Come on, now. Of course K J Parker is a fantasy author. Basso's luck is more than luck. In Belly of the Bow, the academics in the university study 'phenomena' that the ignorant call 'magic', but they are unable to control it despite their observation and recording of it. It slips from their grasp. It eludes them. It is magic. Basso changes the entire course of history, as do his brothers. The scenes back at the farm of their youth are reminiscent of the Greek gods 'at play' and squabbling. Their domestic concerns entirely outweigh the 'importance' of wider civilization. KJP is a visionary who moves tawdry fantasy into metaphysical and headier areas. But KJP does it so subtly, using the mundane and ordinary as magical devices. It slips from the reader's grasp. It eludes them. It is magic. KJP is a practitioner of magicks arcane. Beyond that, KJP is a major influence on me, me an international fantasy author who is but a creation, phantasm and trick of KJP.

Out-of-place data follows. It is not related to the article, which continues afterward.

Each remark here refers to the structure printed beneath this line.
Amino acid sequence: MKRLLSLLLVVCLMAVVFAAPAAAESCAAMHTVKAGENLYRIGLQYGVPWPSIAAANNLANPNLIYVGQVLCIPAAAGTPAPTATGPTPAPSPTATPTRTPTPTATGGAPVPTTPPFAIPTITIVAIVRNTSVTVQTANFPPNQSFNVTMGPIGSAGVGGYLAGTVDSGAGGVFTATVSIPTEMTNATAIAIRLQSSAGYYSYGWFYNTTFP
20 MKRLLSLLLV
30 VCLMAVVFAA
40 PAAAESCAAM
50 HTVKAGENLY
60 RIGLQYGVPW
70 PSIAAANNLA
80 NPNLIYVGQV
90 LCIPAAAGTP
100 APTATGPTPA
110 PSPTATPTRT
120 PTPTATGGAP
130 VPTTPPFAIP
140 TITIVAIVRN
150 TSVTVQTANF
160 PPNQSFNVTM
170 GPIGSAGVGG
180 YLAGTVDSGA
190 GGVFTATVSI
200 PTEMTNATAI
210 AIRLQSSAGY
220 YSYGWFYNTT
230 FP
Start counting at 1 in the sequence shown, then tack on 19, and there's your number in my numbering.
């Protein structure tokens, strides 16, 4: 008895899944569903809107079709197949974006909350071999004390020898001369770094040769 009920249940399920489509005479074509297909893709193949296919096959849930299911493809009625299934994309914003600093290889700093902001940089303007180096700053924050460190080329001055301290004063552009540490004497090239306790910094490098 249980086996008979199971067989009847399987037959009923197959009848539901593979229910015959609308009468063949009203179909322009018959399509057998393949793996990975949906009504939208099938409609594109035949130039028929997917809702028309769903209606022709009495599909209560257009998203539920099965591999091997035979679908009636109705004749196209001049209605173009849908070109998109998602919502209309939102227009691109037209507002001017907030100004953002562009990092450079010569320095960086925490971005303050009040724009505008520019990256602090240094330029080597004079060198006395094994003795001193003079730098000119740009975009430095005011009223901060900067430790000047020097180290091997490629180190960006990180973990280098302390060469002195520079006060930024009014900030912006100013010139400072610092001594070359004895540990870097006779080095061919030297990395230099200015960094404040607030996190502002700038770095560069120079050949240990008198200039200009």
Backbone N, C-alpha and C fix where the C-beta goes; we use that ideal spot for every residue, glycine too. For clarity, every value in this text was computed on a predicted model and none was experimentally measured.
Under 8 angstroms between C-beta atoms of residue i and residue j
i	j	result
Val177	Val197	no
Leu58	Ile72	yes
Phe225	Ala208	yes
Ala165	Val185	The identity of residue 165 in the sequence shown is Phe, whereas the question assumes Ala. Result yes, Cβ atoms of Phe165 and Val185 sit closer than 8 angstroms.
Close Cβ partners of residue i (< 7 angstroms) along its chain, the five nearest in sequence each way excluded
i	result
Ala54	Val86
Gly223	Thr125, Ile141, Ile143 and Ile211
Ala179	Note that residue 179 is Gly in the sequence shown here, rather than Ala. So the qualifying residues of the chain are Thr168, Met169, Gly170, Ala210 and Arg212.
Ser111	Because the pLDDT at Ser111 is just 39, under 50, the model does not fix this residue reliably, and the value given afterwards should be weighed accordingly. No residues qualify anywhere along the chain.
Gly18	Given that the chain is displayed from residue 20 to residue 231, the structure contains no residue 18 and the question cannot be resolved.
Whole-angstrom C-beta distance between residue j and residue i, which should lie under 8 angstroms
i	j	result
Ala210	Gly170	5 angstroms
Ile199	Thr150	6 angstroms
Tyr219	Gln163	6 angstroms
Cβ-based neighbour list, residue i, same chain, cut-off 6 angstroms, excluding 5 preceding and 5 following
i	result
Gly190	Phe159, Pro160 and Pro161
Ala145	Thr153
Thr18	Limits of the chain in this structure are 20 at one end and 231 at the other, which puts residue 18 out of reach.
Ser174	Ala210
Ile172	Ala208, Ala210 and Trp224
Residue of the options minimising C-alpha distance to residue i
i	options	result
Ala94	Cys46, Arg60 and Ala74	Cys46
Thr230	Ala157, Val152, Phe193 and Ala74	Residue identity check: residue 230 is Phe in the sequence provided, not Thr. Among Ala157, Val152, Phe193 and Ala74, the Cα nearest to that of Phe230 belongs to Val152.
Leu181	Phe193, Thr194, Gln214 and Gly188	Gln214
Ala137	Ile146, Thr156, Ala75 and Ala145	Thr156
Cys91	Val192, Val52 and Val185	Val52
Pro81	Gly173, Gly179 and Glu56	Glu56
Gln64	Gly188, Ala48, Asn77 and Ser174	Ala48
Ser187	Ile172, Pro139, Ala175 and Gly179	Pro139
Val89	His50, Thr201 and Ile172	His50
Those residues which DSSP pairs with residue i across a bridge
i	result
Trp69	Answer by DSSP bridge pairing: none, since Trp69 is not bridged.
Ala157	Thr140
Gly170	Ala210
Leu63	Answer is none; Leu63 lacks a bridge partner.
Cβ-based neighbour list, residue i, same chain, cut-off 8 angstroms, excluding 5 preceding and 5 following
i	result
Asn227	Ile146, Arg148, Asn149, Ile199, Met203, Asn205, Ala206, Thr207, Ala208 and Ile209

Title: Re: Does KJ Parker count as a fantasy writer?
Post by: pornokitsch on September 24, 2013, 05:45:32 PM
That's an interesting theory. Basso's luck would fit with the magical system that's described in the Fencer trilogy. Nice point!

That said, it still comes back to my point above - I find it really interesting that whether or not this is a fantasy in our eyes is 'defined' by other books, and not the text itself.
Title: Re: Does KJ Parker count as a fantasy writer?
Post by: Arry on September 24, 2013, 05:59:15 PM
That's an interesting theory. Basso's luck would fit with the magical system that's described in the Fencer trilogy. Nice point!
That is what I kept expecting the magic to be, but then there was no confirmation of it, and so many others were saying there was not magic in the book, I thought maybe I was just looking too hard.

Quote
That said, it still comes back to my point above - I find it really interesting that whether or not this is a fantasy in our eyes is 'defined' by other books, and not the text itself.
heh .... I think ultimately, accepting a secondary world, any secondary world is a pretty standard definition of 'fantasy'. But that doesn't mean it's what I expect when I pick up a book marketed as such (for reasons mentioned above). But, yeah, the wormhole of defining one books genre based on other books contents is certainly cluster-fiesta of possibility. Makes so much sense, and yet no sense at all.
Title: Re: Does KJ Parker count as a fantasy writer?
Post by: pornokitsch on September 24, 2013, 06:45:41 PM